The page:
of 28/28
ACUTE Leukemia

ACUTE Lymphocytic Leukemia

  • View

  • Download

Embed Size (px)


description about Acute Lymphocytic Leukemia

Text of ACUTE Lymphocytic Leukemia

ACUTE Leukemia

ACUTE LeukemiaWhat Is Leukemia?Cancer of the white blood cellsAcute or ChronicAffects ability to produce normal blood cellsBone marrow makes abnormally large number of immature white blood cells called blastsHistoryMeans white blood in GreekDiscovered by Dr. Alfred Velpeau in France, 1827Named by pathologist Rudolf Virchow in Germany, 1845Main TypesAcute Lymphocytic Leukemia (ALL)Acute Mylogenous Leukemia (AML)Chronic Lymphocytic Leukemia (CLL)Chronic Mylogenous Leukemia (CML)

18/04/20165Classification of LeukaemiaAcuteChronic


5Demographics of Leukemia Patients (2001 Data)

Total Reported Cases = 31,500Sources from Leukemia, Lyphoma, Myeloma Facts 2001CLL=Chronic LymphocyticALL=Acute LymphocyticCML=Chronic MylogenousAML=Acute MylogenousSymptomsWhen there are excessive white blood cells --> InfectionsWhen there are few red blood cells: Paleness --> AnemiaWhen there are few platelets --> Excessive bleedingTests For DiagnosisFinger prickBlood sampleBlood dyeBone marrow sampleSpinal Tap/Lumbar PuncturePictures Of Blood

Normal human bloodWhite CellRed CellPlatelet

Blood with leukemiaBlastsRed CellPlateletWhite CellSources from Arginine.umdnj.eduSources from beyond2000.comEffects On the BodyAttacks the immune systemInfectionsAnemiaWeaknessNo more regular white blood cells, red blood cells, and plateletsBlasts clog blood stream and bone marrowDevelopment of Leukemia in the BloodstreamStage 1- NormalStage 2- SymptomsStage 3- DiagnosisStage 4- WorseningStage 5a- AnemiaStage 5b- InfectionLegend White Cell Red Cell Platelet Blast GermSources from Leukemia, by D. Newton and D. SiegelCausesHigh level radiation/toxin exposureVirusesGenesChemicalsMostly unknownTreatmentChemotherapyImmunotherapyRadiationBone marrow transplantACUTE LEUKAEMIA18/04/201615Rapidly progressiveProliferation of primitive blast cellsAcute myeloblastic (myeloid) leukaemiaAcute non-lymphoblastic leukaemiaAcute lymphoblastic leukaemia15CLINICAL PRESENTATIONSymptoms of acute leukaemia are largely the result of interference with normal haematopoiesis.Generally it is not possible on clinical presentation to differentiate lymphoid from myeloid leukaemia. Causes of Acute LeukemiasIdiopathic (most)underlying hematologic disorderschemicals, drugsionizing radiationviruses (Human T Lymphotropic Virus I)hereditary/genetic conditionsPreceding bone marrow disordersChemotherapy especially alkylating agents, epipodophyllotoxins and anthracyclines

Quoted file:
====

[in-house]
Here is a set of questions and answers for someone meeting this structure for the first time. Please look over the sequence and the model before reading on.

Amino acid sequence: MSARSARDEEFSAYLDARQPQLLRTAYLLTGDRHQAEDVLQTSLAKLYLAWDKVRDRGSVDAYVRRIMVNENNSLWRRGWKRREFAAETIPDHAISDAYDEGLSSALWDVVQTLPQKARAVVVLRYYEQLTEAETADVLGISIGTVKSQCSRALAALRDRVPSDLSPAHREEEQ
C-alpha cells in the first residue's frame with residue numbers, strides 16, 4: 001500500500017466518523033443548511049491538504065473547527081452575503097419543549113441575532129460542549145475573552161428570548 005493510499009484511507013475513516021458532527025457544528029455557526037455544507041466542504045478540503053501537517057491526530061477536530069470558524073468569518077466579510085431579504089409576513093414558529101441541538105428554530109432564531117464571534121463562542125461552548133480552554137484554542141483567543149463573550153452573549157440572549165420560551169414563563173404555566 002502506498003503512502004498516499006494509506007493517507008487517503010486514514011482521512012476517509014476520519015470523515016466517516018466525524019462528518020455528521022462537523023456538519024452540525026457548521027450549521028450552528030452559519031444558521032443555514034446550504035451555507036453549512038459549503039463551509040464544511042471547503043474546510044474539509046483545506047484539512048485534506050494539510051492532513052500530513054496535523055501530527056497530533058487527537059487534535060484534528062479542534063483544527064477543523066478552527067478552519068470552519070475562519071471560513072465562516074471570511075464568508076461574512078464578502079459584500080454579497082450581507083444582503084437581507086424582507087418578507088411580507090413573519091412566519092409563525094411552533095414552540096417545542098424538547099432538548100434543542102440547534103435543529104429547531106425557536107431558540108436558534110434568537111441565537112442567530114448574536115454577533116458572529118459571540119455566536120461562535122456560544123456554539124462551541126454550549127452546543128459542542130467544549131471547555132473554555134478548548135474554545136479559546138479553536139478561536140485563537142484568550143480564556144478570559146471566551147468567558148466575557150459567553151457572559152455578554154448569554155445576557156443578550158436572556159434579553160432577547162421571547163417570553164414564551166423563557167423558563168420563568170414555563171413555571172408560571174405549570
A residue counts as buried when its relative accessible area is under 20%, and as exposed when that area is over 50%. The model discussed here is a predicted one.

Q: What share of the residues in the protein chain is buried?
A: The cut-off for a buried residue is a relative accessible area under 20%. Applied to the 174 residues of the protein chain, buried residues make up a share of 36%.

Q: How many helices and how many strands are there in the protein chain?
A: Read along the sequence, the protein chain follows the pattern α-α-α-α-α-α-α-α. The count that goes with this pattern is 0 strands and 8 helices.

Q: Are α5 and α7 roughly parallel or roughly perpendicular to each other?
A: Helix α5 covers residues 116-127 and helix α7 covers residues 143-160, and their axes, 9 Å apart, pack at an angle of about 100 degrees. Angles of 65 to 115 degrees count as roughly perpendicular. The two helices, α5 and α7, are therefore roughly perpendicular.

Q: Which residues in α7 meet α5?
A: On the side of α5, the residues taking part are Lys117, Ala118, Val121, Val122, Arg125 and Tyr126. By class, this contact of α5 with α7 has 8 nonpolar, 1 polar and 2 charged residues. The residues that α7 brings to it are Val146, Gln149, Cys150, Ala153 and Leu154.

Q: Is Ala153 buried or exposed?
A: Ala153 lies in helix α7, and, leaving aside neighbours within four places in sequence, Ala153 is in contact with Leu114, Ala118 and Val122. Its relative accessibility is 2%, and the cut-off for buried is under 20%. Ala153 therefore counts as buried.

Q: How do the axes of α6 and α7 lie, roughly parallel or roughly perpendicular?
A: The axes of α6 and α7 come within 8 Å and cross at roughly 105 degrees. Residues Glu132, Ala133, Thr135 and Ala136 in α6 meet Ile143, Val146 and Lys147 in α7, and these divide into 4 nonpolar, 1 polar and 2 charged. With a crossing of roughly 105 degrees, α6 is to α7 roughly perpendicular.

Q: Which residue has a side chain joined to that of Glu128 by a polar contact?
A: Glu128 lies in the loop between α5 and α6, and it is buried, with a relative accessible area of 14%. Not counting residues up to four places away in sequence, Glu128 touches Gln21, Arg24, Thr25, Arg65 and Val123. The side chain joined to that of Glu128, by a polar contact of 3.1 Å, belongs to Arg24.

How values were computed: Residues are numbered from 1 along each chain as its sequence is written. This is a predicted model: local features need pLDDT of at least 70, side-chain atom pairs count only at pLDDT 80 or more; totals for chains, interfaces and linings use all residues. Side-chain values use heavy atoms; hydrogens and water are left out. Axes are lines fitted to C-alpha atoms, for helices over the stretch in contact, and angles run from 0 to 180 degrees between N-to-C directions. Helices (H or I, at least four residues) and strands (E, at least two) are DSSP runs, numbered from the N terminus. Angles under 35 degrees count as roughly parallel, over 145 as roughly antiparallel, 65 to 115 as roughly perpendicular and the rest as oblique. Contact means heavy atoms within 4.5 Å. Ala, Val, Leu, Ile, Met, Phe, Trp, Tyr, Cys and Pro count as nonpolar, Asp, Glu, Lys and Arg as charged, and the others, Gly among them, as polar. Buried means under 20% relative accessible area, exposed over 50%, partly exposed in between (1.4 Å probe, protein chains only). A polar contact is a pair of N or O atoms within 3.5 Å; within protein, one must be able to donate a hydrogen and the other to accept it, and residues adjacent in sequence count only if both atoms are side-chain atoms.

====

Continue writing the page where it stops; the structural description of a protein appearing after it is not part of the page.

17CLINICAL SIGNSpallorlymphadenopathyhepatosplenomegalysternal tendernesspurpura / petechiaeretinal haemorrhagesmouth ulcersgum hypertrophy (monocytic type) LABORATORY FINDINGSHb is invariably low (30-80 g/L)WBC is usually high (especially lymphoblastics and monocytics). Can be normal or low.Pltsusually dangerously lowGenerally it is not possible to differentiate myeloblasts from lymphoblasts by morphology alone.MANAGEMENTCytotoxic chemotherapy, radiotherapy and bone marrow transplantation. The goal is to eradicate the leukaemic cell mass while giving supportive care. In children with ALL postremission therapy includes central nervous system (CNS) prophylaxis.PROGNOSISYoung patients do better than old. Patients presenting with low white counts do better. Must achieve complete remission (no signs of leukaemia and return of normal haematology parameters) to prolong survival. 18/04/201621Acute Lymphoblastic LeukaemiaWHO classification:Precursor B cell ALLPrecursor T cell ALLBurkitts mature B lymphoblastic leukaemia/lymphomaBi-phenotypic leukaemiaFABL1, L2, L318/04/201622Epidemiology of ALLPeak incidence in children aged 4 yearsRising incidence in old age

18/04/201623Prognostic factors in ALLSex: female > maleEthnicity: caucasian > non-caucasianAge: 1 year oldWBC < 50 x 109/lCNS involvement is badInitial response to treatment (day 14 BM)Morphological and genetic sub-typesClinical features of ALLBone pain childrenCNS involvementLymphadenopathy

ContinueInvolvement of other tissue such as spleen, liver, lymph node, and meninges are commonInvolvment of CNS may give rise to headach, vomiting and irritable behaviour.Principles of Treatmentcombination chemotherapyfirst goal is complete remissionfurther Rx to prevent relapsesupportive medical caretransfusions, antibiotics, nutrition, metabolic /electrolyte abnormalitiespsychosocial supportpatient and family26Therapeutic Concepts in ALLInduce a complete remission and restore normal hematopoiesis avoiding excessive toxicityReduce inapparent leukemia with short-term, high-dosage cytocidal therapy early in remission when the child is well and drug sensitivity is greatest Prevent CNS leukemiaUse prolonged combination chemotherapy to eradicate residual disease when there is no evidence of leukemia

Basic Therapy in Childhood ALLInduction Treatment 4-8 wkConsolidation treatment (intensification) 2-10 wkContinuation treatment (maintenance) 2-3 yReinduction therapy (delayed intensification) 2-7 wkCNS-directed therapy (intrathecal injection of methotrexate and cranial radiation) 3 wkChart3350081001000047005200